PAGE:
The Forestry Source - November 2011 - (Page 10)
West Virginia Division’s Summer Meeting Focuses on Urban Forestry
t the end of August, the West Virginia Division of the Allegheny SAF met for its summer meeting in Bluefield, which sits at the southernmost boundary of the state. Bluefield is really two cities that straddle the Virginia–West Virginia border. At one point in its history, Bluefield was the railroad gateway to the coalfields of southwest Virginia and southern West Virginia. Today, vestiges of the city’s bright and colorful past remain and serve as an inspiration for community leaders and volunteers, including the SAF members who work to maintain and improve local businesses, public services, and streetscapes. For instance, two West Virginia Division members—Tim Probert and Bob Radspinner—have served on the City Tree Board and worked, in conjunction with the Urban Forestry program of the West Virginia Division of Forestry, with various civic and beautification committees, as well as with local students from elementary to college-age for the betterment of the Bluefield environment. So, at this meeting attendees visited the area’s scenic and open-space assets to learn about the urban forestry successes and challenges that the greater Bluefield area has faced in recent years. “The West Virginia Division generally picks themes for their summer and winter meetings, and they look at various issues. Urban forestry is not one that we’ve addressed before,” said Bob Radspinner, assistant state forester for stewardship and forest management, WV Division of Forestry. “Ours is a fairly rural state, yet more than 50 percent of our population is in metropolitan areas. So we have quite a few tree boards, and we thought it would be good to expose our membership to the urban forestry issues in West Virginia.” The meeting began with a day-long field tour of the Mercer County–Bluefield area. Jerry Belcher, a local Christmas tree farmer told the more than 30 attendees the story of his farm and how he was cultivating a valuable Christmas tree, the Canaan fir—a variety of the balsam fir (Abies balsamea). It is always motivating to hear about the labor of love (and hard labor) that goes into these beautiful Christmas decorations. The USDA Forest Service State and Private Forestry’s Wood Education Resource Center (WERC) is also in the area, and there, center director and SAF mem(“Members” cont. from page 9)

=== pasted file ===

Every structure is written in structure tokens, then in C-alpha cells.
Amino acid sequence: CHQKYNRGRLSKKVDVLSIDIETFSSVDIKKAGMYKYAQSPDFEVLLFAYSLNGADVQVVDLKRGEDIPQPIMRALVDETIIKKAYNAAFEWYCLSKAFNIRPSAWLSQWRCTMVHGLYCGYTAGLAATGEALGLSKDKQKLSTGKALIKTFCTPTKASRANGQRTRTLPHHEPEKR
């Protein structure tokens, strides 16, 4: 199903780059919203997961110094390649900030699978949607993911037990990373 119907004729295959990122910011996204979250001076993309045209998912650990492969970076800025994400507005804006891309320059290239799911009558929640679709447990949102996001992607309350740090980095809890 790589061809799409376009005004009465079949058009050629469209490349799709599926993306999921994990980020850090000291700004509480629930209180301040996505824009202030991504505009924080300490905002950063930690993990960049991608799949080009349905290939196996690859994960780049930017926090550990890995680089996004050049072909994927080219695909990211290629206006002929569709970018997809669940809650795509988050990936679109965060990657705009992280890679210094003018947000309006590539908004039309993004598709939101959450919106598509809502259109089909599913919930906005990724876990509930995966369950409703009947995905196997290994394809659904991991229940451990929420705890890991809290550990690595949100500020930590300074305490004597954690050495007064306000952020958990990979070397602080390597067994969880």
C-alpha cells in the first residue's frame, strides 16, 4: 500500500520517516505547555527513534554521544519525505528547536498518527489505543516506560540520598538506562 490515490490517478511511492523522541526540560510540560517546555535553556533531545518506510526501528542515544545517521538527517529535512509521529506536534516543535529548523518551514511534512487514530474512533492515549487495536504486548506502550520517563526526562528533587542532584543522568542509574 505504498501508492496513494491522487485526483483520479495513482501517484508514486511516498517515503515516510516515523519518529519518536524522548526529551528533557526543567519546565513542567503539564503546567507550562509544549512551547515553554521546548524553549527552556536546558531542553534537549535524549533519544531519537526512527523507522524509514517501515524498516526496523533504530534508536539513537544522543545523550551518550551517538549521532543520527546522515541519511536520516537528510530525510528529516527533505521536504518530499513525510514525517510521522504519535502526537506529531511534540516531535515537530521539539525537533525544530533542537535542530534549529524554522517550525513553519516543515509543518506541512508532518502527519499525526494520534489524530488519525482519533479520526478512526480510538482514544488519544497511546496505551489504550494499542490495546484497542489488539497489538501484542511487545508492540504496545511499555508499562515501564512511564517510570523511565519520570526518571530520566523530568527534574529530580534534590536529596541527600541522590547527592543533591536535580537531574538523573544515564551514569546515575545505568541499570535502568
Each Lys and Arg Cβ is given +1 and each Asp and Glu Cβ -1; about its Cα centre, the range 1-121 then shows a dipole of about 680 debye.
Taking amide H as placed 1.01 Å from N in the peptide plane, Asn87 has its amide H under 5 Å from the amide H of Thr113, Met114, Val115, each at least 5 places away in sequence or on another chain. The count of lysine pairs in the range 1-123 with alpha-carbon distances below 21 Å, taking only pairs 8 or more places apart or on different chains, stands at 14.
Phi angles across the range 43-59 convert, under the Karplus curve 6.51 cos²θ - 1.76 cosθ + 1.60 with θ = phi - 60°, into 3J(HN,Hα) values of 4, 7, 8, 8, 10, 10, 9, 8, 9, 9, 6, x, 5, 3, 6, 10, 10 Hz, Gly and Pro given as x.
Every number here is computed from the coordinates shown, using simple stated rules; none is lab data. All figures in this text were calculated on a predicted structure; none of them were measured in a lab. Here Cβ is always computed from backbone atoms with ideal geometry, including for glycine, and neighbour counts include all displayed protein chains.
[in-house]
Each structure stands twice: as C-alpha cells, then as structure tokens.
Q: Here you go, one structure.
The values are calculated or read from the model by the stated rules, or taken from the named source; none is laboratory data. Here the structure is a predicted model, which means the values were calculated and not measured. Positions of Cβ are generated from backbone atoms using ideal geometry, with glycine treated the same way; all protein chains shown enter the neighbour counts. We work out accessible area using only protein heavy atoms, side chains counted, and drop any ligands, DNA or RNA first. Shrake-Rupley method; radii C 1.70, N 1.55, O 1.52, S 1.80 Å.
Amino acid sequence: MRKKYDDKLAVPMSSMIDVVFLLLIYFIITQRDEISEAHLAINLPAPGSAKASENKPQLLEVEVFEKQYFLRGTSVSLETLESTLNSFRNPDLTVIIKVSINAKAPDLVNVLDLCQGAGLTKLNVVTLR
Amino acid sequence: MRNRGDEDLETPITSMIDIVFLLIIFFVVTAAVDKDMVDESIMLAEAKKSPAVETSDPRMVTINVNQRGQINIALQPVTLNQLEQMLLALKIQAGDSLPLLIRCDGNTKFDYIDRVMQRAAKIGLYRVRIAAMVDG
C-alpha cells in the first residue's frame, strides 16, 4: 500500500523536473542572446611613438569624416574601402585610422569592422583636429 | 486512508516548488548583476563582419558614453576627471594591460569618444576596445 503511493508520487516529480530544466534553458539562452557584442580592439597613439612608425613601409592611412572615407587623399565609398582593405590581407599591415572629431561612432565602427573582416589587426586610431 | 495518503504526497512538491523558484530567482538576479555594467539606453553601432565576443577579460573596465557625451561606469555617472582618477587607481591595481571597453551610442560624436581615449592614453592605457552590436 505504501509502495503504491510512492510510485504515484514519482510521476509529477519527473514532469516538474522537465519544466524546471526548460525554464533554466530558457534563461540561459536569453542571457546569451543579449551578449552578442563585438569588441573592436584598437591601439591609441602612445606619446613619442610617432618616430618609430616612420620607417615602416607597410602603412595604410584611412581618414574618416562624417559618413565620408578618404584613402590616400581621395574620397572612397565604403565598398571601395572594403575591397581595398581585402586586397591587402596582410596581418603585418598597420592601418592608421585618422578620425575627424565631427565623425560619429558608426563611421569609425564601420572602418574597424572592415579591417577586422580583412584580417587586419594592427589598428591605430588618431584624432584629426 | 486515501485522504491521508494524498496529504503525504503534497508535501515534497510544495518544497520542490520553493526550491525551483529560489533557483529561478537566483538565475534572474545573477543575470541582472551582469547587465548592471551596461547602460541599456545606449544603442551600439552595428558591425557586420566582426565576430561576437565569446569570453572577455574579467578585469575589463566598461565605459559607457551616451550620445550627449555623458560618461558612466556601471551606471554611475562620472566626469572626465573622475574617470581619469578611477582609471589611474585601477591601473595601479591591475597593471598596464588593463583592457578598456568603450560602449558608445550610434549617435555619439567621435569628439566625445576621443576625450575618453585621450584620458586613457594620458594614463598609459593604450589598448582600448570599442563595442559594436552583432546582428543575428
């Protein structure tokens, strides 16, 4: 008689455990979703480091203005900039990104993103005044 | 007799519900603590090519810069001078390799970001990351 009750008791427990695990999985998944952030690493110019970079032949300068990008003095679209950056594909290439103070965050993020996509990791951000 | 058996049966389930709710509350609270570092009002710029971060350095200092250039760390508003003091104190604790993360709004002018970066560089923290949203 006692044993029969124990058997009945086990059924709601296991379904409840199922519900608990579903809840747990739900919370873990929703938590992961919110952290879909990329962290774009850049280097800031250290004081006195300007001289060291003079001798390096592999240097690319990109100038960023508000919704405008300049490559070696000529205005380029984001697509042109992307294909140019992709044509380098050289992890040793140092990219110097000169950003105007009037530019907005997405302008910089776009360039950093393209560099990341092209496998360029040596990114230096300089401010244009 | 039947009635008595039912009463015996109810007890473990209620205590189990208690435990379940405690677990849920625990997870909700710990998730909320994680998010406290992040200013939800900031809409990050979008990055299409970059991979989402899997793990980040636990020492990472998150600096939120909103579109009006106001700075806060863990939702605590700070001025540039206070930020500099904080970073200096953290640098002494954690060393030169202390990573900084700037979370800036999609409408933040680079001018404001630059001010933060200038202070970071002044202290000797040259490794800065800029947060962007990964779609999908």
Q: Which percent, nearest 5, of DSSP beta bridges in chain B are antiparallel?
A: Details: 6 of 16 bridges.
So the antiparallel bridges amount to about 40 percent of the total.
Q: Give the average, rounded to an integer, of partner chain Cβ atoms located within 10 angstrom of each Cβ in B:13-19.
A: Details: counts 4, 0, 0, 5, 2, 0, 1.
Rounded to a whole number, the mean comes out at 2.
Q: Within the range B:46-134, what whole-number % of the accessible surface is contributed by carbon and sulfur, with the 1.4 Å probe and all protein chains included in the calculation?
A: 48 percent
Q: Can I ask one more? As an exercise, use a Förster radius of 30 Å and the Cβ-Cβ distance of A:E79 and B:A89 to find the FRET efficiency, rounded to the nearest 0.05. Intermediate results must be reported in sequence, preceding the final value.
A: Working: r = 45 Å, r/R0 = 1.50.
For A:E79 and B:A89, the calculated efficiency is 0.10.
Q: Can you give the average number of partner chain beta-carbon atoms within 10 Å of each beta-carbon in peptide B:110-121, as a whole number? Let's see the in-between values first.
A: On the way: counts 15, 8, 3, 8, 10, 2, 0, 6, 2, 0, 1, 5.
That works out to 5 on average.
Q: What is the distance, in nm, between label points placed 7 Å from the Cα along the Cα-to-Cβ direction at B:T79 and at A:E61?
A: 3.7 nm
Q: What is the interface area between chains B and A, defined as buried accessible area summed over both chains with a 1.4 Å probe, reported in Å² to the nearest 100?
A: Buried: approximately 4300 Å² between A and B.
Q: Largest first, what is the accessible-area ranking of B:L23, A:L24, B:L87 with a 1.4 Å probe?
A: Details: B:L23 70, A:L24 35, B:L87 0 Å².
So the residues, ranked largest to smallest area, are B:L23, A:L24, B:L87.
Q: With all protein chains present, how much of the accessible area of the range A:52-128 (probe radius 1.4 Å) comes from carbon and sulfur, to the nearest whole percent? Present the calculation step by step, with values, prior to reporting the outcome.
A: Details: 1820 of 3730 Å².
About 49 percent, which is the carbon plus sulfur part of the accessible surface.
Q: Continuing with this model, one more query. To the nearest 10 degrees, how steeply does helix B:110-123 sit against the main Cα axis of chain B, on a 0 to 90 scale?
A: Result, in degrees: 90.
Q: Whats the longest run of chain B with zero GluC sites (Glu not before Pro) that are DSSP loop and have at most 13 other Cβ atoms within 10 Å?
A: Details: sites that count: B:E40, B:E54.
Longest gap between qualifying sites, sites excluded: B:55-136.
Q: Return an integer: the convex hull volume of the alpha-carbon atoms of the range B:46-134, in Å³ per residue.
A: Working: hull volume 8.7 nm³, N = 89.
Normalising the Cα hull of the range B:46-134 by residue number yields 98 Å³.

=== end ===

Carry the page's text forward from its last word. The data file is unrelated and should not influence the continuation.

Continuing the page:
Appalachian Power Company foresters discuss the challenges of working to get the idea of “right tree, right space” into practice.
ber Steve Milauskas gave an overview of the center’s history and mission and then introduced participants to Robert Kincaid, owner of Accurate Millworks, who operates a wood-blinds manufacturing firm at the center. The wood blinds are made primarily from yellow poplar and basswood; most are sold as custom jobs for clients across the United States. Following the visit to the WERC, the group drove down into Bluefield to lunch with community leaders at a local park. After lunch, Bob Hannah and Jessie Wise, urban foresters with the West Virginia Division of Forestry, demonstrated how they measure trees for the West Virginia Big Trees program. Afterward, attendees visited a small tree nursery established on city property that provides trees for city parks and streets. Later, foresters from the utility Appalachian Power spoke to attendees about their community outreach programs and how they interact with property owners to convey the idea of “right tree, right space.” The field day ended with a visit to the aweinspiring East River Mountain Overlook and a barbeque back at Pipestem State Park.
On the meeting’s second day, the activities moved indoors and attendees, who were joined by a student from West Virginia University and five students from Virginia Tech, heard presentations on various programs and aspects of urban forestry. Included in the line-up of speakers was Mark Books of Ft. AP Hill in Virginia, who discussed the successful outreach efforts with scouts at the 2010 Boy Scout Jamboree. Given that the next national Boy Scout Jamboree will be held in Beckly in 2013, Books presented ideas for SAF members in West Virginia that they could use to keep those successes coming. Anne Cumming, an urban forester with the US Forest Service, told attendees about the agency’s free urban forestry inventory software, I-Tree. Greg Dahle, assistant professor of arboriculture and urban forestry at West Virginia University, discussed the university’s new urban forestry and arboriculture program. Jill Rose, West Virginia Department of Agriculture forest health protection coordinator and forest pathologist, and Tim Tomon, West Virginia Department of Agriculture forest entomologist, briefed the group on the